Comparing Native Oral History and Scientific Research to Produce Historical Evidence of Native Occupation During and After the Missoula Floods Public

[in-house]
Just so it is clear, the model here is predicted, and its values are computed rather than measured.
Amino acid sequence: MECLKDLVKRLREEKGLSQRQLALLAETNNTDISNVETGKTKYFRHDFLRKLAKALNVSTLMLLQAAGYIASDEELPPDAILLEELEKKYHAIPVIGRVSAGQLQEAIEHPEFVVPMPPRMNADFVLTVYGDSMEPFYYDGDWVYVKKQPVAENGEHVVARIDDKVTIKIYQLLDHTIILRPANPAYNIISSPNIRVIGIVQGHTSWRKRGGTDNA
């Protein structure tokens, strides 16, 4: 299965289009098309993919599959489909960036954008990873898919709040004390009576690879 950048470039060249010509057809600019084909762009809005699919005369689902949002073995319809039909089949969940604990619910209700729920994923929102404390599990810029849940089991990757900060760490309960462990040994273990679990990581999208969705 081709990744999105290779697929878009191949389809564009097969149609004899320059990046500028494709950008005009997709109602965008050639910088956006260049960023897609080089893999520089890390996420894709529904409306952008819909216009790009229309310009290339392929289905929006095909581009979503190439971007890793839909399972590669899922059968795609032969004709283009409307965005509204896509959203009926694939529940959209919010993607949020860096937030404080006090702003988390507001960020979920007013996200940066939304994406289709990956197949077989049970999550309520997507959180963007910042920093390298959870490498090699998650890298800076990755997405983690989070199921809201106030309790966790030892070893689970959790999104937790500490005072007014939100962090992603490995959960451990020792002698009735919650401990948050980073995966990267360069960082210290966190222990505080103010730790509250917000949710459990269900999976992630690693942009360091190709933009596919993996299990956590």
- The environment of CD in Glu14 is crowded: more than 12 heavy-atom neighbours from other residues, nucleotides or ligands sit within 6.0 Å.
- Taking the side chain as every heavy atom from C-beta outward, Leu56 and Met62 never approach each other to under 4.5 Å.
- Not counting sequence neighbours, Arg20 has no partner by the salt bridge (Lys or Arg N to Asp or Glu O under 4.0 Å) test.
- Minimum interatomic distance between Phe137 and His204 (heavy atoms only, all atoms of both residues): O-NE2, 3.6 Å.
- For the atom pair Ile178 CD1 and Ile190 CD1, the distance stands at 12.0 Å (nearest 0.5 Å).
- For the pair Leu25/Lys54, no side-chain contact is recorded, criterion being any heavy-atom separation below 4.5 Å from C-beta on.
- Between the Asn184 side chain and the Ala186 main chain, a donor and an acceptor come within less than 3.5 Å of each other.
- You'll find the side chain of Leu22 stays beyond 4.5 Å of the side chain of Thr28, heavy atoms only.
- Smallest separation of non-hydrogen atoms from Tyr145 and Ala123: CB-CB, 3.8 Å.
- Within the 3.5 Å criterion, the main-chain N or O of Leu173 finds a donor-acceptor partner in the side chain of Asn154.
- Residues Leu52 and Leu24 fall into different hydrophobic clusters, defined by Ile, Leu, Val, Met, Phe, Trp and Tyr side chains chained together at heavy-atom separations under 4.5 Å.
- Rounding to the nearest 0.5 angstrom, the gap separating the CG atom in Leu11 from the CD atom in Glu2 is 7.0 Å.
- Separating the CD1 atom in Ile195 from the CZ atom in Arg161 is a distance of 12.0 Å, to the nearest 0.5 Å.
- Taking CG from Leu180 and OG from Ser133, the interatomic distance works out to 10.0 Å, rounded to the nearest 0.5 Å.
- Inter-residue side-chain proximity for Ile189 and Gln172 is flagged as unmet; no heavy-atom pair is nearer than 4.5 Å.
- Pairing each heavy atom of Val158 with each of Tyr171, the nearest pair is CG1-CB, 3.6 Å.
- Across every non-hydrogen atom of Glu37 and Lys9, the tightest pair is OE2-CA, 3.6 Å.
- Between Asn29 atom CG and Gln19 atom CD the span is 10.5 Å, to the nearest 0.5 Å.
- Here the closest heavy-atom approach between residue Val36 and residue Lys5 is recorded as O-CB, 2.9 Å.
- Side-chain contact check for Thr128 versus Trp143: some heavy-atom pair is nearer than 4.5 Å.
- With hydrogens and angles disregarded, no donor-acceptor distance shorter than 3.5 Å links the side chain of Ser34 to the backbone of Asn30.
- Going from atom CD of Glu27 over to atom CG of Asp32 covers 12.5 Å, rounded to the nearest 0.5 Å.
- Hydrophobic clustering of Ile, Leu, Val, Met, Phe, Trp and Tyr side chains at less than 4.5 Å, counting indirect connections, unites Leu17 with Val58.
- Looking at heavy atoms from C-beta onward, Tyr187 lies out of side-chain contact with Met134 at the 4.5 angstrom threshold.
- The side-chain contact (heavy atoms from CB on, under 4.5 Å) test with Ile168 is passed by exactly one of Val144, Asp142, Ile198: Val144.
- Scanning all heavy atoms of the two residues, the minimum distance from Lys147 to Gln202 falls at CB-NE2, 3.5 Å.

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  • The Missoula Floods occurred approximately fifteen thousand to thirteen thousand years ago during the last ice age. The floods occurred when waters held back by a finger of the Purcell Ice Lobe gave way allowing water which covered present day Missoula, Montana to inundate areas of Idaho, Washington, and Oregon. The flooding moved mass amounts of silt and aggregates on its way to the sea. The flooding also carved out and deepened the Columbia Gorge and caused slack water areas or temporary lakes to form when narrow channels backed up the flooding currents. Native American oral history tells about the flooding and the deep formation of the Columbia River, though some scientists feel that human occupation of the areas ravaged by the floods had not taken place. Native historians hold information regarding Tribal occupation of the areas flooded as well as information regarding survivability by noting techniques of survival and as well as significant peaks used as resting places until flood water subsided. Anthropological dating of the ancient Native people does point to human occupation of these lands with findings of human feces in caves found in Oregon dating approximately fifteen thousand years ago, although occupation by current tribes may not have occurred until later. An equation created out of the histories of Native people from the affected regions gives validity to survival by proving tensile rope strength on cedar ropes used as well as drag force on canoes under force by the moving water. The equation was populated by actual canoe dimensions from similarly made modern canoes. The strength of the ropes, drag force on the canoes, and comparison of the histories in regard to peaks and places for survivorship fit together in a time frame best described in geologic time for the people who emerged in the regions affected by the cataclysmic floods.
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